Methods for Population Adjustment with Limited Access to Individual Patient Data: A Simulation Study

04/30/2020
by   Antonio Remiro-Azócar, et al.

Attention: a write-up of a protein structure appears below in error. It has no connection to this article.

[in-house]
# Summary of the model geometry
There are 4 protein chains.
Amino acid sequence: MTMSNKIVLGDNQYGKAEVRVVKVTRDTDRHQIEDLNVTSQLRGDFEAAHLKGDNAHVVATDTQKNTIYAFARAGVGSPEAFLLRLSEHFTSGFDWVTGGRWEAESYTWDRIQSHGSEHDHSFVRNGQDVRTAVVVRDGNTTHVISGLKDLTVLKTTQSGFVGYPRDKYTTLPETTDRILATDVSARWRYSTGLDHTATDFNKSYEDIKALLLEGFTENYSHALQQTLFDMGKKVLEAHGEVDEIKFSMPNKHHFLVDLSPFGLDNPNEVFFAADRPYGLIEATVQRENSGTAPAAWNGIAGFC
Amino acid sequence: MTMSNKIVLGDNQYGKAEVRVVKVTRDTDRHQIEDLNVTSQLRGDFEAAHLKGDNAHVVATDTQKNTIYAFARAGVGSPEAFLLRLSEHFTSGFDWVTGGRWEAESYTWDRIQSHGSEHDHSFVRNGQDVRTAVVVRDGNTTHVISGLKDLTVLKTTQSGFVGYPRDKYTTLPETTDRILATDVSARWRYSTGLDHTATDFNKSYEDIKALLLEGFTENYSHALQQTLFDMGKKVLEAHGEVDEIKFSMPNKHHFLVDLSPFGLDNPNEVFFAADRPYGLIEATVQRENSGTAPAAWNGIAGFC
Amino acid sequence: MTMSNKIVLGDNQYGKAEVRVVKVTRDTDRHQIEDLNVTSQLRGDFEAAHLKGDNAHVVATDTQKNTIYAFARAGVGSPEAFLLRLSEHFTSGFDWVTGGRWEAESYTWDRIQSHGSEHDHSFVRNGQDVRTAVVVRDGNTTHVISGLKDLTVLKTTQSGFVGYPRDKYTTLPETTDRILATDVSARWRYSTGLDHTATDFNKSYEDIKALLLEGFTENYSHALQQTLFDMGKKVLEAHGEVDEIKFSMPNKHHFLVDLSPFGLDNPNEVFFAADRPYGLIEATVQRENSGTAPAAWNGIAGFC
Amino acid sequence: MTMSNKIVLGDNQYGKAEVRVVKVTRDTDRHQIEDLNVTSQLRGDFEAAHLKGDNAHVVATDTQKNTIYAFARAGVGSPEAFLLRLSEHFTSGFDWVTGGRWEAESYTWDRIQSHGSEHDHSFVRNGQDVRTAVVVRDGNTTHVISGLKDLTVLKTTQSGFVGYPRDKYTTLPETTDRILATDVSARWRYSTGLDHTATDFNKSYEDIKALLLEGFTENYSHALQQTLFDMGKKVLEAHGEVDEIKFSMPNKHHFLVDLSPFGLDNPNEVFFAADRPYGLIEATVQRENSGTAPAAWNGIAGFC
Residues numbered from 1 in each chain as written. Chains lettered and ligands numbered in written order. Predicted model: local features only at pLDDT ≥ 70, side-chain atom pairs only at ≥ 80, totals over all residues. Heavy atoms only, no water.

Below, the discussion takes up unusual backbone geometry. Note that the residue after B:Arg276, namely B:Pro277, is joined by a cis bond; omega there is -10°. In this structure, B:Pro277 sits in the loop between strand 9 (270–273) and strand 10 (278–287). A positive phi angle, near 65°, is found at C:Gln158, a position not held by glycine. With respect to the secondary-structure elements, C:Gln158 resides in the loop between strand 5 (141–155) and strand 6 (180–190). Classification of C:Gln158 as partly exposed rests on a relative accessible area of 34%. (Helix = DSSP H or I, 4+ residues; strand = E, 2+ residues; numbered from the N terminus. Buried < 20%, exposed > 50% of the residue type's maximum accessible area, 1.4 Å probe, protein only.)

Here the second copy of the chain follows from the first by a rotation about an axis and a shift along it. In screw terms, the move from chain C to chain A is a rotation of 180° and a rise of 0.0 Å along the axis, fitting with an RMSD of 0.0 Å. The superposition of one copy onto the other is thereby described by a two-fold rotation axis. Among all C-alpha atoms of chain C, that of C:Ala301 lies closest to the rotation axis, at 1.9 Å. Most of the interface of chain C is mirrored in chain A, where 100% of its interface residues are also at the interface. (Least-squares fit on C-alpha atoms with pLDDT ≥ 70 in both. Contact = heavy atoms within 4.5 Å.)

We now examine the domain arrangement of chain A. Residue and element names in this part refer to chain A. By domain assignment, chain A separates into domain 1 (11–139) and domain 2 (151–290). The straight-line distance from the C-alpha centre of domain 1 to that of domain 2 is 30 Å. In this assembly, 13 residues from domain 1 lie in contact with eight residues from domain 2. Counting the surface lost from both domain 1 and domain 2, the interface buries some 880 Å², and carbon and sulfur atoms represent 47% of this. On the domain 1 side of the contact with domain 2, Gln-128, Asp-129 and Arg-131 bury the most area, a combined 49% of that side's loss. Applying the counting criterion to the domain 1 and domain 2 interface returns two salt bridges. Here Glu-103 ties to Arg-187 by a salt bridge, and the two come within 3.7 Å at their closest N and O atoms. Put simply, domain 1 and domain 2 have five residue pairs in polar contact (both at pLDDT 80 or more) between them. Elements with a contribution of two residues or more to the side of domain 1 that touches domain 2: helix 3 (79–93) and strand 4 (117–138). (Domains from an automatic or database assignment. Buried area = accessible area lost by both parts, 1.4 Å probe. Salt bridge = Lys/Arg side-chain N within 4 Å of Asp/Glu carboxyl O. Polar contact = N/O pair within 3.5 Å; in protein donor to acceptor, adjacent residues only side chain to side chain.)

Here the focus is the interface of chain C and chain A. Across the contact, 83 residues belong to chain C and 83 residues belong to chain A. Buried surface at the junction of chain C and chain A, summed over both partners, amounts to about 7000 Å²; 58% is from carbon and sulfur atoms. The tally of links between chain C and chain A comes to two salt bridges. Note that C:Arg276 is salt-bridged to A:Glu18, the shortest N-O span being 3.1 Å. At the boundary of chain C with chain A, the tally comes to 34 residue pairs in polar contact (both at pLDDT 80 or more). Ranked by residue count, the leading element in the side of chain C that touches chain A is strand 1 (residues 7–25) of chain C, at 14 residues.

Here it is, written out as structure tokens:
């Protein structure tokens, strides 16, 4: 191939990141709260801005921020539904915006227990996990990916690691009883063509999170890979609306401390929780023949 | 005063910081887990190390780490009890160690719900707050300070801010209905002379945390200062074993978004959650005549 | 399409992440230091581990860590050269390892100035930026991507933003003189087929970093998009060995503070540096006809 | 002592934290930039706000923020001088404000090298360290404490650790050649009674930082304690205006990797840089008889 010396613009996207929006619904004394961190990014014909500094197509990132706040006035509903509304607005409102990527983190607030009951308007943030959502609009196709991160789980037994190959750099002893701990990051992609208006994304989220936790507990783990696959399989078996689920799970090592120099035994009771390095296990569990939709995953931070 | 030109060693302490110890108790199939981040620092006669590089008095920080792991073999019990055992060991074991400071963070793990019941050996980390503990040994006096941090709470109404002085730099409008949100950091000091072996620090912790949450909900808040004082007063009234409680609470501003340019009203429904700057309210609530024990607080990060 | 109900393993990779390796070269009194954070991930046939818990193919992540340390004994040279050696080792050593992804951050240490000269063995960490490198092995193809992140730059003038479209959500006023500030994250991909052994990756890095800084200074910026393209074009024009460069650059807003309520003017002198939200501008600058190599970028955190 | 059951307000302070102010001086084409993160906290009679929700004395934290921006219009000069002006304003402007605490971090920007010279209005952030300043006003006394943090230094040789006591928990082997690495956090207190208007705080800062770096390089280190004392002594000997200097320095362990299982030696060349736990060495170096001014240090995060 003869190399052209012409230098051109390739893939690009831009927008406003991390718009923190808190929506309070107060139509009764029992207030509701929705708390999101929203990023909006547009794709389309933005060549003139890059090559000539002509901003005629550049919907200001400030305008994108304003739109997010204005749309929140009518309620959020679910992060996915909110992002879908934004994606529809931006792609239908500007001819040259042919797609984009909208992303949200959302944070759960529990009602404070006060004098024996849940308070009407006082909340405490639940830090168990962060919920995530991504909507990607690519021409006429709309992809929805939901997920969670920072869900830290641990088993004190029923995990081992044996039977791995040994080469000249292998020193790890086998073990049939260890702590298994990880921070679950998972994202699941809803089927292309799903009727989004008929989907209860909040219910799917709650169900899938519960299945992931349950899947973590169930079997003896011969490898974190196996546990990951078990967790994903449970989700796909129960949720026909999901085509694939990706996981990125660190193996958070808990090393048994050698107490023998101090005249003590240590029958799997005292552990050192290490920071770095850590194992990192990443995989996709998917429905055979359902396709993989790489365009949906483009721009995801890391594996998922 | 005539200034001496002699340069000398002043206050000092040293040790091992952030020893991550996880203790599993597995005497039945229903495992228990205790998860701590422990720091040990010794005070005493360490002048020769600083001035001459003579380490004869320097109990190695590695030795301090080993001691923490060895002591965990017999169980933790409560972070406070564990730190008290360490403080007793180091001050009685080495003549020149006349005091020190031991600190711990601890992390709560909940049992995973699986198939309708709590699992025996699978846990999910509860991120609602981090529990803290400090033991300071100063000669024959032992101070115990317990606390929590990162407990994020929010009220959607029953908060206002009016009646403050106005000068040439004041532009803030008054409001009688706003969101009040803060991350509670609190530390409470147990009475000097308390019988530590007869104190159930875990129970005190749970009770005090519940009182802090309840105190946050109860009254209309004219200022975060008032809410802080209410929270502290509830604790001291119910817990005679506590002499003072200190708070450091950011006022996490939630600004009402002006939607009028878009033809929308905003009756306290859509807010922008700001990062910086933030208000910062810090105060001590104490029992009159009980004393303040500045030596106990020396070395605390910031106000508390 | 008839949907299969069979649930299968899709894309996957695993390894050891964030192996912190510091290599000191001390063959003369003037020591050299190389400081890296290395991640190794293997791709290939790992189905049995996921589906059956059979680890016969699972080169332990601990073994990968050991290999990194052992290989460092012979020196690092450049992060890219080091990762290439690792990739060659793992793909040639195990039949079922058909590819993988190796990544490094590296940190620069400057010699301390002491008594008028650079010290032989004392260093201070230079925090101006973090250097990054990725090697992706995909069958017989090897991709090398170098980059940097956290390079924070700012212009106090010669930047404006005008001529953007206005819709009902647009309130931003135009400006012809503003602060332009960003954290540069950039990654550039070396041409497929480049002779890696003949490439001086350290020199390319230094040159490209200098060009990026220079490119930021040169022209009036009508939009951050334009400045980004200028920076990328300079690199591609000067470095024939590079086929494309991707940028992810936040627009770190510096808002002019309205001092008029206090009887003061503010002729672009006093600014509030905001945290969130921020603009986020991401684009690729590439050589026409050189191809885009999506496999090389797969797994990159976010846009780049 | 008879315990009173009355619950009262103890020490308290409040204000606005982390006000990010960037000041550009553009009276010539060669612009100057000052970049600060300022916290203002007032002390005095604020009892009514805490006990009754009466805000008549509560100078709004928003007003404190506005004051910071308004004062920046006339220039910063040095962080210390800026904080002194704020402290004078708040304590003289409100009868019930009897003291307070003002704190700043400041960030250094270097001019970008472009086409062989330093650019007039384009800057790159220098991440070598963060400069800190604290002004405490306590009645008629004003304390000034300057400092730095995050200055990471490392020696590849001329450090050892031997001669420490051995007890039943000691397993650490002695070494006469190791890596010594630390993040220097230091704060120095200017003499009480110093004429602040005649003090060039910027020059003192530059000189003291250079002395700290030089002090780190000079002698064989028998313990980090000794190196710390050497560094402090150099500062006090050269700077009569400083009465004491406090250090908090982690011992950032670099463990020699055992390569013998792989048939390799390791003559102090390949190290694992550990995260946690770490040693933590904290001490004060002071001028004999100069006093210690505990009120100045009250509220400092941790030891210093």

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Population-adjusted indirect comparisons are used to estimate treatment effects when there are cross-trial differences in effect modifiers and when access to individual patient data is limited. Increasingly, health technology assessment agencies are accepting evaluations that use these methods across a diverse range of therapeutic areas. Popular methods include matching-adjusted indirect comparison (MAIC) and simulated treatment comparison (STC). Despite this increasing popularity, there is limited formal evaluation of these methods and whether they can be used to accurately compare treatments. Thus, we undertake a comprehensive simulation study to compare standard unadjusted indirect comparisons, MAIC and STC across 162 scenarios. This simulation study assumes that the trials are investigating survival outcomes and measure binary covariates, with the log hazard ratio as the measure of effect. This is one of the most widely used setups in health technology assessment applications. The simulation scenarios vary the trial sample size, prognostic variable effects, interaction effects, covariate correlations and covariate overlap. Generally, MAIC yields unbiased treatment effect estimates, while STC is often biased with non-linear link functions and may overestimate variability. Standard indirect comparisons are systematically biased, particularly under stronger covariate imbalance and interaction effects. Coverage rates are valid for MAIC. Interval estimates for the standard indirect comparison are too narrow and STC suffers from overcoverage or from bias-induced undercoverage. MAIC provides the most accurate estimates and, with lower degrees of covariate overlap, its bias reduction outweighs the loss in effective sample size and precision.